An hour into the clarinet kids trying to compose something Zahara dubbed the “Dying Duck Symphony No. 5” her cellular phone rang. She hated the thing, but it was crucial for clients being able to reach her. She was seldom in one place very long.
“Zahara, it’s Margaret…”
“Margaret! How have you been?”
“Is there anything I can do?”
“Listen… the Sandmen just went after a Reaper family…”
“Gestur? Is he all right?”
“Curse them! I know they’re your bloodline, but you are the lone pearl among the swine. Margaret, if you’re calling for warriors, I’ll help. You know I will. What would you like me to do?”
“Just be careful and let people know.” Margaret hung up. Or the line went dead. It was so hard to tell with these infernal cellular devices.
The teen Reaper! Zahara’s mind went into overdrive and her heart rate kicked up a notch. If the Sandmen were out collecting, there was a young one here in danger. Zahara liked danger. It gave her something to do.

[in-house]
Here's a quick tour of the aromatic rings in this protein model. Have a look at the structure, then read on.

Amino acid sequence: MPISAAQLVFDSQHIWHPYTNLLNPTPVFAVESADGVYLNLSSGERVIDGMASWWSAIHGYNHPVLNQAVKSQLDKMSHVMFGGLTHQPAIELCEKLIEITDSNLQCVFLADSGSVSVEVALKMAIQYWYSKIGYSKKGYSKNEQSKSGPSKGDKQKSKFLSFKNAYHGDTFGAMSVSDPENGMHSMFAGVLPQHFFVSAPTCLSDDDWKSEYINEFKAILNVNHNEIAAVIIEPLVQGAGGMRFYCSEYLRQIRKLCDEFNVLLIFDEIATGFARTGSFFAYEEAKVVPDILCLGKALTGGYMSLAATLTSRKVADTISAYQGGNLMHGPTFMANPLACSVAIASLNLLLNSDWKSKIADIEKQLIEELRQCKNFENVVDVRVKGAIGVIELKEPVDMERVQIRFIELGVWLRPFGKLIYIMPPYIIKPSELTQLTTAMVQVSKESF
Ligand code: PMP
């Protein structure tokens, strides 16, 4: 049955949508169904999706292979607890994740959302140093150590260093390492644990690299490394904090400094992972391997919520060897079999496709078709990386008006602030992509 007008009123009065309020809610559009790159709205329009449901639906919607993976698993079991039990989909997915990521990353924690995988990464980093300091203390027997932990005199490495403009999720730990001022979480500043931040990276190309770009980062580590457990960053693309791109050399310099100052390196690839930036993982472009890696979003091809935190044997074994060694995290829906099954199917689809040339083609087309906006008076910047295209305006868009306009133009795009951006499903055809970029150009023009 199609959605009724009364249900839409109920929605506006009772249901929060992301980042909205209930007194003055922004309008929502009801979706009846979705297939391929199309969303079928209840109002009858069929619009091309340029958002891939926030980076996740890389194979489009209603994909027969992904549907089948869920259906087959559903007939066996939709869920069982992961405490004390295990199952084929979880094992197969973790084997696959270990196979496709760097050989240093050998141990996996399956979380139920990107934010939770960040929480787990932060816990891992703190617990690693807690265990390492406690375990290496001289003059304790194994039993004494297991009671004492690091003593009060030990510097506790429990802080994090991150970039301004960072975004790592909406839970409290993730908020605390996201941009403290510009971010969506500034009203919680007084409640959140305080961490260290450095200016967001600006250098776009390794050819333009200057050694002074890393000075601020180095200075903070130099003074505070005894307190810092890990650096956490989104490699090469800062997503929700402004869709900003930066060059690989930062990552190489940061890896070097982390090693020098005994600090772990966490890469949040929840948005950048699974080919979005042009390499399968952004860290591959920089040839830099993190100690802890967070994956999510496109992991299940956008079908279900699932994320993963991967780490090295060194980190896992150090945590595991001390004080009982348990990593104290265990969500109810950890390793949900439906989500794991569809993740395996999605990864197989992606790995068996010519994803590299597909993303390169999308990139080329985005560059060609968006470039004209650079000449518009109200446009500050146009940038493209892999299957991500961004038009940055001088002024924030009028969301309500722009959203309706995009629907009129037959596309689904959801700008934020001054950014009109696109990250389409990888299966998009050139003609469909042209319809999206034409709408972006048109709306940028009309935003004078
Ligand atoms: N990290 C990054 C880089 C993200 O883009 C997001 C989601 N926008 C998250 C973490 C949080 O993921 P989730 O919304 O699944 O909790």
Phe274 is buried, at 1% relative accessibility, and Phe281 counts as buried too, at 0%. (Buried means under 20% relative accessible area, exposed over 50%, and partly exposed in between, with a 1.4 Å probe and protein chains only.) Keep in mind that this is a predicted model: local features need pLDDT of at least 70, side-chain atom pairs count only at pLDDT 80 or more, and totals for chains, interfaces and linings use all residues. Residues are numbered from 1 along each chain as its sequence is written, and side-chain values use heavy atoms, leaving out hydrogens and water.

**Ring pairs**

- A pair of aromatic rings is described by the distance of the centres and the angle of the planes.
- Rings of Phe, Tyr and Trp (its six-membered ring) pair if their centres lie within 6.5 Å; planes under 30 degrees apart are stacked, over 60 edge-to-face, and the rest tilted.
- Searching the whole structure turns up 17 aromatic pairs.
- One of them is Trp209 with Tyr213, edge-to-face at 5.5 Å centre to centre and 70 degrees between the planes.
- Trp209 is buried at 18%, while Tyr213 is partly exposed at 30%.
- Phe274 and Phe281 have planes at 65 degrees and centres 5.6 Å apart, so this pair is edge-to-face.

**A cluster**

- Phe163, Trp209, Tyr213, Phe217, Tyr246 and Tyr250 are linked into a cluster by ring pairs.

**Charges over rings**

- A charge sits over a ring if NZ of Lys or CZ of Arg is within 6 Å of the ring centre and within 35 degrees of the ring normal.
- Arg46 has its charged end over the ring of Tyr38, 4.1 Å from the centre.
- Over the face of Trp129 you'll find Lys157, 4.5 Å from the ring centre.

She made another assessment of everyone in the auditorium. The child was definitely in here. He or she was probably caffeined up and happily contributing to the dying duck cacophony. She circled the room. The taste of death was strongest back by the giant kettle drums. It had to be the thin boy with the glam-rock black hair and Jewel t-shirt. He was trying to look aloof, but he was very involved in the Quackophony. Zahara’s heart went out to him. She knew how hard it was to belong among other kids when you grew up in the world of the Outré.
Knowing who to keep an eye on, Zahara completed her circuit and followed her intuition out to the cafeteria and then toward the front doors.